Yulia Aryaeva, a Russian diplomat in India, is an alumnus of the Moscow State Institute of International Relations (MGIMO) where she later taught Hindi. Source: Priyanka Gera
The world is drawn to Incredible India for its intriguing cultural diversity from spirituality to holistic health or from mythology to Bollywood. Many realise that the key to truly appreciate and connect with the country is to know one of its most widely spoken languages, Hindi, which is spoken and understood in various dialects in many parts of India. Yet the country is a multilingual and English is a widely preferred medium. The significance of Hindi in such a diverse scenario can be aptly explained by Yulia Aryaeva, who was awarded the “Hindi Ratan” by the India-Russia Friendship Society for her commitment to promotion and development of the language.
Aryaeva, a Russian diplomat in India, is an alumnus of the Moscow State Institute of International Relations (MGIMO) where she later taught Hindi. “I was introduced to Hindi when I was a child and was living in Delhi with my parents,” Aryaeva says as she describes her journey from developing an interest in the language to receiving the award earlier this year. “Some of my students are now working in the Embassy of Russia in India as diplomats. So, it was a genuine pleasure and a matter of pride for me to receive this prestigious award.”
She cherishes her experience as a teacher of Hindi, “induction meetings with first year students used to be one of the most pleasurable times. Most of the students didn’t know much about India or the Hindi language. I used to tell them how lucky they were to have an opportunity to study this beautiful country and this nice language,” Aryaeva recalls.
The Russian diplomat and goes on to explain the role a language plays in fostering cooperation between two nations. “Language serves as a unique tool to understand the soul of another nation and excellent command of a foreign language makes one a real envoy of one’s own country. It is heartening to see an obvious revival of interest for national cultures among the young people of Russia and India. Therefore, they should be given a chance not only to meet but to also get a more profound insight into each other’s culture through international student exchange programmes,” she says.
Aryaeva also cites the example of Voice of Russia Broadcasting Company, which claims about 150 radio listener clubs across India for its transmissions in Hindi, Urdu and Bengali and also presents capsule programmes through one of Delhi’s popular Hindi radio stations.
As the Russian diplomat lists the factors which promote the interest in Hindi and Indian culture in general, such as spiritual gurus and mythological sagas, she stresses on the role that Hindi films play, “They are certainly popular with NRIs. Besides, several generations of fans in Russia have grown up with Bollywood. This industry has created a space for itself in the consciousness of western audience and producers. Such international success has made people all over the world, and of course in Russia, interested in Hindi language. Thus Bollywood has become a sort of cultural ambassador of India. It is worth mentioning that watching Hindi films has always been an important part of the teaching process at MGIMO.”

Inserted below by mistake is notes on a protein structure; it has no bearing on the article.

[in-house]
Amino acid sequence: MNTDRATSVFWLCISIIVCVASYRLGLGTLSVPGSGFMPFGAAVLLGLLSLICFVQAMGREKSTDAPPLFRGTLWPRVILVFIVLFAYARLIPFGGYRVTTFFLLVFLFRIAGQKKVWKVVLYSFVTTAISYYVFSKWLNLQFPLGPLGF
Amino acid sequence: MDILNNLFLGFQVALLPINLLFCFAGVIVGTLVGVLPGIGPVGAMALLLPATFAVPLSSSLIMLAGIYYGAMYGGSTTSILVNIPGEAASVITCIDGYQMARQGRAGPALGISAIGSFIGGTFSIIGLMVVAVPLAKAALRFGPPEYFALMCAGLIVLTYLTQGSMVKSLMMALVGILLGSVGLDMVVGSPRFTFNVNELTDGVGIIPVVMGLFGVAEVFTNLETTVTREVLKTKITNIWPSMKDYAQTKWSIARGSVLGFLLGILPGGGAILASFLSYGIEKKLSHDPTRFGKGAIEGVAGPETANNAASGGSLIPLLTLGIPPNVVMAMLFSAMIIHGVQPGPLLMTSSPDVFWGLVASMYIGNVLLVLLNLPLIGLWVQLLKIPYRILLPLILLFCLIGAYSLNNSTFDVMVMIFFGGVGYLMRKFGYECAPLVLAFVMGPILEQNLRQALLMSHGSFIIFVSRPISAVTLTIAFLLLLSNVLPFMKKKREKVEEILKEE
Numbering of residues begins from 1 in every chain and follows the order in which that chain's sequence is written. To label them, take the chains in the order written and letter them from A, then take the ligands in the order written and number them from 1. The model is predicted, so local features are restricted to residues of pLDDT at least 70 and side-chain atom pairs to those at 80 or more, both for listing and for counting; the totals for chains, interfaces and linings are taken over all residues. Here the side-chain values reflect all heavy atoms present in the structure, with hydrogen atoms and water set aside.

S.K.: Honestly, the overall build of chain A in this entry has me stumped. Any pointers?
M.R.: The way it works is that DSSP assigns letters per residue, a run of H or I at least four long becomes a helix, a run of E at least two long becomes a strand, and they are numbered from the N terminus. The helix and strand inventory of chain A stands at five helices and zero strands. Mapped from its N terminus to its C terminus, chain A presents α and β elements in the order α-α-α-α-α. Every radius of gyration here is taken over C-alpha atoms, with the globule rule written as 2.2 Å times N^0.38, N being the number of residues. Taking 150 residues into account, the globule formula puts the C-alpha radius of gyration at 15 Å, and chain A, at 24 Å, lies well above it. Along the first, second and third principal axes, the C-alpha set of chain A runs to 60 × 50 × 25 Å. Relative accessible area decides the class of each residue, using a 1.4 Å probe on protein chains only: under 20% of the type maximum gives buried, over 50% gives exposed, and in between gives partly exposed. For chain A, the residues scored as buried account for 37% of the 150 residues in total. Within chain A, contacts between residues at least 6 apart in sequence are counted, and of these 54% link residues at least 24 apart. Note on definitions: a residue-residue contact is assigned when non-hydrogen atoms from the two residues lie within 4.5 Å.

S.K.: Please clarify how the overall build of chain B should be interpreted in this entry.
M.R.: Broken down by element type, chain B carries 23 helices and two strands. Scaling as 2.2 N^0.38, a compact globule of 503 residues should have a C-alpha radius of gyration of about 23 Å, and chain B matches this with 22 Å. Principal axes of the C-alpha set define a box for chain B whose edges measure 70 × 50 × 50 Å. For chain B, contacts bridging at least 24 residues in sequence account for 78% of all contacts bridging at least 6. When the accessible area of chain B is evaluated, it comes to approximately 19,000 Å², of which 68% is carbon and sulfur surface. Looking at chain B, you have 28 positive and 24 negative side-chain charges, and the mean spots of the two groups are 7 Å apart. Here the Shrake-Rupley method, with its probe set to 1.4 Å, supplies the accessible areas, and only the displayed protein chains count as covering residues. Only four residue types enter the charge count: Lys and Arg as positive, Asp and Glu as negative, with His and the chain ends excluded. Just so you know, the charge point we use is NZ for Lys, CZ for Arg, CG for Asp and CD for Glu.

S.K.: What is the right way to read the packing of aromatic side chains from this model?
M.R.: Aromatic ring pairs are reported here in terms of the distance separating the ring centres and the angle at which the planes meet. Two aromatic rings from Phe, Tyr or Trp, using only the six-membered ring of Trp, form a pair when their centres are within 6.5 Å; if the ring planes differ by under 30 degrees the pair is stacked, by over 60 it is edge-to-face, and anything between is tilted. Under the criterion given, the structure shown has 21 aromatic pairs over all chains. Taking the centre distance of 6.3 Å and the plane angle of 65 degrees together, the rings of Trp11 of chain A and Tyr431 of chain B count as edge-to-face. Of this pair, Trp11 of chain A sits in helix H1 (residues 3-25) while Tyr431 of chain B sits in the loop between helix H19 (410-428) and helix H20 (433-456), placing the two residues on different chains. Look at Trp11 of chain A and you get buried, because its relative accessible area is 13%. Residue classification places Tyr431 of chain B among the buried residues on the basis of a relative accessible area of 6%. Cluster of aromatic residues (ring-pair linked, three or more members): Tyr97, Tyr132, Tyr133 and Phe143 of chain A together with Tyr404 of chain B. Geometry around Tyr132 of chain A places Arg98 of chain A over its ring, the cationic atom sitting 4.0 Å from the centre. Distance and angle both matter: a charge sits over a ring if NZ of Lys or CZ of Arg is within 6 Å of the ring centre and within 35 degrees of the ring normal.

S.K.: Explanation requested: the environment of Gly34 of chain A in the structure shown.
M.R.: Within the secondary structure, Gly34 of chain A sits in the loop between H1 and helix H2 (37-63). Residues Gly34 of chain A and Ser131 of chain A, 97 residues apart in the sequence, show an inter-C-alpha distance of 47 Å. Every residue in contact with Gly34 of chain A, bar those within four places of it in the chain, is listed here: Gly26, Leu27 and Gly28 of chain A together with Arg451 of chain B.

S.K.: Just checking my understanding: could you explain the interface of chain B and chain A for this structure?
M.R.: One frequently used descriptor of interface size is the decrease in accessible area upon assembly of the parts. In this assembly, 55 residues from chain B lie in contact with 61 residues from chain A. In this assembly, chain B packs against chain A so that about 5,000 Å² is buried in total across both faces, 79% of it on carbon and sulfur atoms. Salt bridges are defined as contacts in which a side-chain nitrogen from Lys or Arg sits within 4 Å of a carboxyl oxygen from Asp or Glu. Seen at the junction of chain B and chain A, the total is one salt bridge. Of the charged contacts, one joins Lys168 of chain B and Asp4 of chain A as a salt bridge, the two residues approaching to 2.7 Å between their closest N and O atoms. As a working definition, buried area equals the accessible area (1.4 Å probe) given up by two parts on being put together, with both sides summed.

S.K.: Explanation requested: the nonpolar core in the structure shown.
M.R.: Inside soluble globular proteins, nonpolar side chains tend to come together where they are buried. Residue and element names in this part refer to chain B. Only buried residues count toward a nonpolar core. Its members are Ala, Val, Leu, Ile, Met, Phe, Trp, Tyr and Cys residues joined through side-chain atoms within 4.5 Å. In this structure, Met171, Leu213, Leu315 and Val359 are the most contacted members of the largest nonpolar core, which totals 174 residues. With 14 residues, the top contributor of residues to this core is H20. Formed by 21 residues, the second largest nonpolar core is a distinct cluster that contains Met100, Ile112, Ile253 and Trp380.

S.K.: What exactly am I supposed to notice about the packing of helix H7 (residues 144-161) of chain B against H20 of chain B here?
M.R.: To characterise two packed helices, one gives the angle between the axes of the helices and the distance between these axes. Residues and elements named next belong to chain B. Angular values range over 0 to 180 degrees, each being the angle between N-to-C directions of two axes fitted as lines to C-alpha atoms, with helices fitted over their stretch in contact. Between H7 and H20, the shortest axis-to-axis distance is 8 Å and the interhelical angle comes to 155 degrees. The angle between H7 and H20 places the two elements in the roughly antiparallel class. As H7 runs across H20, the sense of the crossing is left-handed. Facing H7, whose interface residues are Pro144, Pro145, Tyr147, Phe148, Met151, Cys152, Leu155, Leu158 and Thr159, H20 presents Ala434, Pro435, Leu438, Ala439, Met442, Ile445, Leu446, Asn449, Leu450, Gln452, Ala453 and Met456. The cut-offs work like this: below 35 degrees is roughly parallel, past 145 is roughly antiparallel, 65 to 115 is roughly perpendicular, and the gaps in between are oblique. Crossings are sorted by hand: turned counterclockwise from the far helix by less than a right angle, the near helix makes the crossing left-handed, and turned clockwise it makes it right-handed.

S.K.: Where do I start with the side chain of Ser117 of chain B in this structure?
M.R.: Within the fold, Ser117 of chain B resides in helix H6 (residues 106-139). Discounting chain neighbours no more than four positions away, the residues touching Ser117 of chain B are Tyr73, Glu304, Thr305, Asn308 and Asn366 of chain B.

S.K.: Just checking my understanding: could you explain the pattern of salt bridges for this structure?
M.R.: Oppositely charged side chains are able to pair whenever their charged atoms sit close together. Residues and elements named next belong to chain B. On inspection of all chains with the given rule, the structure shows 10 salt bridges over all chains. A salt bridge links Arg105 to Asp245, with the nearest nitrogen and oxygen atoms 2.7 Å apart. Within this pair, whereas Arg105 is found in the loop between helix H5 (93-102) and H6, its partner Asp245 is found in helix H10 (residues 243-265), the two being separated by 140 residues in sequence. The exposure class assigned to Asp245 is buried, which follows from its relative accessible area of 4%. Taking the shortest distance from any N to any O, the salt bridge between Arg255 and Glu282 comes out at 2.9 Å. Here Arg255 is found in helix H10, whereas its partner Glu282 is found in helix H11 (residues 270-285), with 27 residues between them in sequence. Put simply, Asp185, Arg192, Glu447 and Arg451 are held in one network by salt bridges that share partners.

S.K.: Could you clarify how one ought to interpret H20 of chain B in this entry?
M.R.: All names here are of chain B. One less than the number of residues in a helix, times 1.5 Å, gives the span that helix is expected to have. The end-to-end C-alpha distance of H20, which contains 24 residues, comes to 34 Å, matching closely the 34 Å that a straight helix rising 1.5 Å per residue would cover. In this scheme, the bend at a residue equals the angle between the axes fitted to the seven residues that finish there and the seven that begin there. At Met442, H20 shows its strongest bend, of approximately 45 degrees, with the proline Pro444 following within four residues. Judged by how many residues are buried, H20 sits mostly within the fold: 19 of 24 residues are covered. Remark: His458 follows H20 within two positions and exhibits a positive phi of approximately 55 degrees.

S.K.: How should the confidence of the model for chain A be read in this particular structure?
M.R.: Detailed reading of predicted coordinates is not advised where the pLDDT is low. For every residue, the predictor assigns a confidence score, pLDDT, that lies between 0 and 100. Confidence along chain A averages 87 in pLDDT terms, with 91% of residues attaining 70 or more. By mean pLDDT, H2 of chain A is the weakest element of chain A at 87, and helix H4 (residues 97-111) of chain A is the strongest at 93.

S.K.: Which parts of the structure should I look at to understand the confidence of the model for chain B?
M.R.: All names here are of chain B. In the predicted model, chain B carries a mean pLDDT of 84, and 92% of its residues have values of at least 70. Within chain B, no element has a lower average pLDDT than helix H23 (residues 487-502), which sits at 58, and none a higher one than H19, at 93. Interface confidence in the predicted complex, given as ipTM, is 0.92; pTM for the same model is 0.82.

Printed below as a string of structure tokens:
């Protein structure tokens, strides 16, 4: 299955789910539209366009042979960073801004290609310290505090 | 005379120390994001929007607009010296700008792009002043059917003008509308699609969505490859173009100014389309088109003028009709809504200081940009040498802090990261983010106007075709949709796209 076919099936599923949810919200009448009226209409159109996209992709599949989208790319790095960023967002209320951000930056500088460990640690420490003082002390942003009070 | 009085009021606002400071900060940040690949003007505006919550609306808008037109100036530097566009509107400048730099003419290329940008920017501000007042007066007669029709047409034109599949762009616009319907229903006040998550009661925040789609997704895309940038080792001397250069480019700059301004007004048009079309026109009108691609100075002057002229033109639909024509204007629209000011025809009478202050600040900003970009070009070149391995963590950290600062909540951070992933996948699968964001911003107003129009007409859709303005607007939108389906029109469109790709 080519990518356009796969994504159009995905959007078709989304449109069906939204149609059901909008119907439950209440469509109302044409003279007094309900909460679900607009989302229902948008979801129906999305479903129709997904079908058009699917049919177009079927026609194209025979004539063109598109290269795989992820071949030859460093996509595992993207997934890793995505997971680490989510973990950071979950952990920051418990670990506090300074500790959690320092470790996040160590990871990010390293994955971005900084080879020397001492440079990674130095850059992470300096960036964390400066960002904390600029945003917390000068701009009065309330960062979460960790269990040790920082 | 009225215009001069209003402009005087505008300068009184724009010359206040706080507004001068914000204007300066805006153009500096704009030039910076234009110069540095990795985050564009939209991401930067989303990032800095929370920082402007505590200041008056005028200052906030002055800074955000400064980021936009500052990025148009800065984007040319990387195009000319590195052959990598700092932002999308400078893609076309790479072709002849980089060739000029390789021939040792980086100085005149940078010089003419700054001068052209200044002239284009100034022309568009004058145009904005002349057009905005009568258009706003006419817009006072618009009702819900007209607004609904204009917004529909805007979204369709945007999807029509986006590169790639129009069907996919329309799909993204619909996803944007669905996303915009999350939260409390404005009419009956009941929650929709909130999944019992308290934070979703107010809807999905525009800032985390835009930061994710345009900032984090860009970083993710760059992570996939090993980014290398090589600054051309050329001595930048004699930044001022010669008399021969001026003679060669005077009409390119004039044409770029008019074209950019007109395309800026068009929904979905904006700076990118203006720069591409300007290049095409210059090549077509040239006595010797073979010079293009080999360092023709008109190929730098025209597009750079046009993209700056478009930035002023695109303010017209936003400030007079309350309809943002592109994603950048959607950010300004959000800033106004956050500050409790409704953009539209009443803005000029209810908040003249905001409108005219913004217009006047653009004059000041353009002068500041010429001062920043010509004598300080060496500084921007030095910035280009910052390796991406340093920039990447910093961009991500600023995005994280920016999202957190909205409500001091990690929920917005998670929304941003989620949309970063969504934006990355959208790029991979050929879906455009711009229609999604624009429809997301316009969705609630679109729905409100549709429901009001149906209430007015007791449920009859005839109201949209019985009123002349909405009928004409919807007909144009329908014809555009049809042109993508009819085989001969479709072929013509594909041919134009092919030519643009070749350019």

At a time when English seems to be overshadowing Hindi and other regional languages, especially in urban areas, Aryaeva maintains that there are brighter aspects “As far as I know among the large section of over 27 million officially estimated Indian diaspora settled abroad, Hindi serves as an emotional link to their motherland.” She also sees a promising future. “India is striving to get a permanent seat in the United Nations Security Council. India is supported by the majority of the member countries in the UN General Assembly. If Hindi becomes one of the official languages of the United Nations, it would definitely add to India’s image and facilitate Hindi to play a greater role inside the country.”As to the challenges back home she believes that, “It is a collective responsibility of all Indian citizens to make concrete efforts to popularise Hindi in India.”
To open more channels for building mutual understanding between the two countries Aryaeva strongly recommends a revival of literary translations, “There are a plenty of lovers of Russian literature in India, and Indian literature has had a great impact on Russian readers. Translations from Russian to Hindi and vice-versa were blossoming till 1990s. This process was almost stopped after the collapse of USSR. I suppose one of the most prominent translators of that time is Padamshree awardee Dr Madan Lal Madhu, the author of more than hundred literary works. Nowadays there is a great demand of such works in both countries that is why we should revive this noble tradition.”
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